About a week ago, as we were coming out of the initial concerns relating to the WannaCry ransomware outbreak, I shared the following thought on LinkedIn: “WannaCry brings up a thought I often have – what is the best way to capture cyber incidents with physical impacts? I catch myself using ‘cyber-physical’ but that can’t be the best term.” A number of teammates and colleagues shared thoughts on LinkedIn and directly. That was really appreciated as it is important to gain others’ input into such things as terminology. And, it is important to have a common terminology to clearly and concisely communicate our thoughts in a way others can certainly understand what we mean (turns out, there really were valid reasons for those vocab exercises we all loved in grade school…).
So, the question is what do we call incidents (not accidents, but deliberate incidents) that blend cyber and physical components. I’m not sure those behind WannaCry intended to put patients’ lives at risk but we saw the potential for that when the UK’s National Health Service (NHS) was hit with 40 NHS trusts across the UK having confirmed they were dealing with WannaCry infection. According to SC Magazine, “NHS England confirmed that hospitals were hit by a simultaneous cyber-attack which affected units all over the country.” The disruption resulted in forced cancelations of routine procedures, the diverting of some emergency patients, and lost the blood sample records for over 1,100 patients. Some of the additional frustrations hospital staff and patients experienced have been captured by the Guardian. This incident didn’t result in loss of life, but the potential for serious physical consequences resulting from cyberattacks is very real. And the potential for cyberattacks to target critical infrastructure is something that we’ve caught glimpses of on multiple occasions (Stuxnet, in Ukraine, in Germany…). There is also the other side of the cyber-physical coin – the potential for physical attacks to target information systems. Whether something like an angry employee conducting a simple assault of his office damaging computer devices or servers, to something bigger, like a deliberate attack on a data center. These attacks can have both cyber and physical impacts – some low-level and some potentially devastating and life-threatening. We should be able to describe such an incident with common lingo.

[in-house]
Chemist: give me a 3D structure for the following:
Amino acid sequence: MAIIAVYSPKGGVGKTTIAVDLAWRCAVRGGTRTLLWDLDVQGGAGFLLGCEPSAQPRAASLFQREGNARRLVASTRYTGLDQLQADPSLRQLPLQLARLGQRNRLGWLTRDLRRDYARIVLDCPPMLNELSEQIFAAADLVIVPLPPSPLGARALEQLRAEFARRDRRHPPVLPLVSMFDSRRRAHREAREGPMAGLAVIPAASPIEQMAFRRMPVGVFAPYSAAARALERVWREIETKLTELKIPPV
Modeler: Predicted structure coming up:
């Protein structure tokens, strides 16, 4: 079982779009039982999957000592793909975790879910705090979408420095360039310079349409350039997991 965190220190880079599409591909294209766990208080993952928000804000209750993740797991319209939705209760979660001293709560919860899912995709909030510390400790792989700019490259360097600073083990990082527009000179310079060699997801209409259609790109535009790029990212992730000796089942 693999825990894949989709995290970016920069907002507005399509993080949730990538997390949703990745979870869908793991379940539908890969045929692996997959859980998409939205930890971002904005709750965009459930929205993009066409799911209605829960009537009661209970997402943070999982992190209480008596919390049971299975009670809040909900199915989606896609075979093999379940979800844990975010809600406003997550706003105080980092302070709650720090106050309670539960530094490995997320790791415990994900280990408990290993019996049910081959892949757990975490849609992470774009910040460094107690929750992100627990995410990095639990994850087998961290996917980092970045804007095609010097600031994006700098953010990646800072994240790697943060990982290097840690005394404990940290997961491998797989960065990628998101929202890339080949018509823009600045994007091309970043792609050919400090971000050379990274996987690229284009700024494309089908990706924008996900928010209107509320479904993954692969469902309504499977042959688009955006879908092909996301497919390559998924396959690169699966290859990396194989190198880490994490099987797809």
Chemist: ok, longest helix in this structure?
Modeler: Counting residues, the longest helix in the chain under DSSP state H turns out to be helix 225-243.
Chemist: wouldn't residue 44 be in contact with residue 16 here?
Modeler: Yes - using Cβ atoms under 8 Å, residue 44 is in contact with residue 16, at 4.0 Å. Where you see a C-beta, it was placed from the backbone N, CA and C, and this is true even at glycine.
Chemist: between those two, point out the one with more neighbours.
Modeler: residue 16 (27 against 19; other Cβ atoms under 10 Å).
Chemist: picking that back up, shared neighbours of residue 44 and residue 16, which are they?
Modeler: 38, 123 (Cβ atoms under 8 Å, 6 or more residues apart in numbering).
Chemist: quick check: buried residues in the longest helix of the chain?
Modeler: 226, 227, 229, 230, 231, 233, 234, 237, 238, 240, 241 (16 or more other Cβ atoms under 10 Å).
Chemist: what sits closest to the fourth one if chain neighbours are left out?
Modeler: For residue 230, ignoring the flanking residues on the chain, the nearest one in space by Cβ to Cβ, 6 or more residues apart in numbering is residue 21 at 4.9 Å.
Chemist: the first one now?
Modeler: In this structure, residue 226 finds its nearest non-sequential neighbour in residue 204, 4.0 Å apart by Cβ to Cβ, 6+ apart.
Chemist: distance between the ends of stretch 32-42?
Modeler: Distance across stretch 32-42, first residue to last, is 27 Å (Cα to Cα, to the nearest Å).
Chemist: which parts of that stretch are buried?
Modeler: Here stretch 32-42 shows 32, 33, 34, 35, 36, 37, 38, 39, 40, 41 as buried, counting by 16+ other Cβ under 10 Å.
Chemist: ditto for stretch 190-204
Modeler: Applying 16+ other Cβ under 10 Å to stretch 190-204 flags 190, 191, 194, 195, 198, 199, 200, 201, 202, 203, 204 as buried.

So, to start, I grabbed some of the suggested terms and have included slightly modified versions of definitions pulled from Merriam-Webster online.
- Kinetic: of or relating to the motion of material bodies and the forces and energy associated therewith.
- Complex: a whole made up of complicated or interrelated parts.
- Hybrid: a car used in a non-fatal attack in the Office; a person whose background is a blend of two diverse cultures or traditions (hey, that’s me!).
- Converged: to tend or move toward one point or one another; come together.
- Blended: to mingle intimately or unobtrusively; to combine into an integrated whole; or, to produce a harmonious effect.
- Combined: to bring into such close relationship as to obscure individual characters.
- Sabotage: destruction of an employer’s property; destructive or obstructive action carried on by a civilian or enemy agent to hinder a nation’s war effort; or, an act or process tending to hamper or hurt.
- Attack: to set upon or work against forcefully.
In looking at those terms, and giving thought to what really makes sense. Several of the terms fit, but maybe not really well, or perhaps not as well as others.
The increasingly interconnected nature of cyber and physical systems, and the mutual dependency and increasing potential for attacks impacting both, are captured in the idea that these cyber-physical attacks represent a converged threat.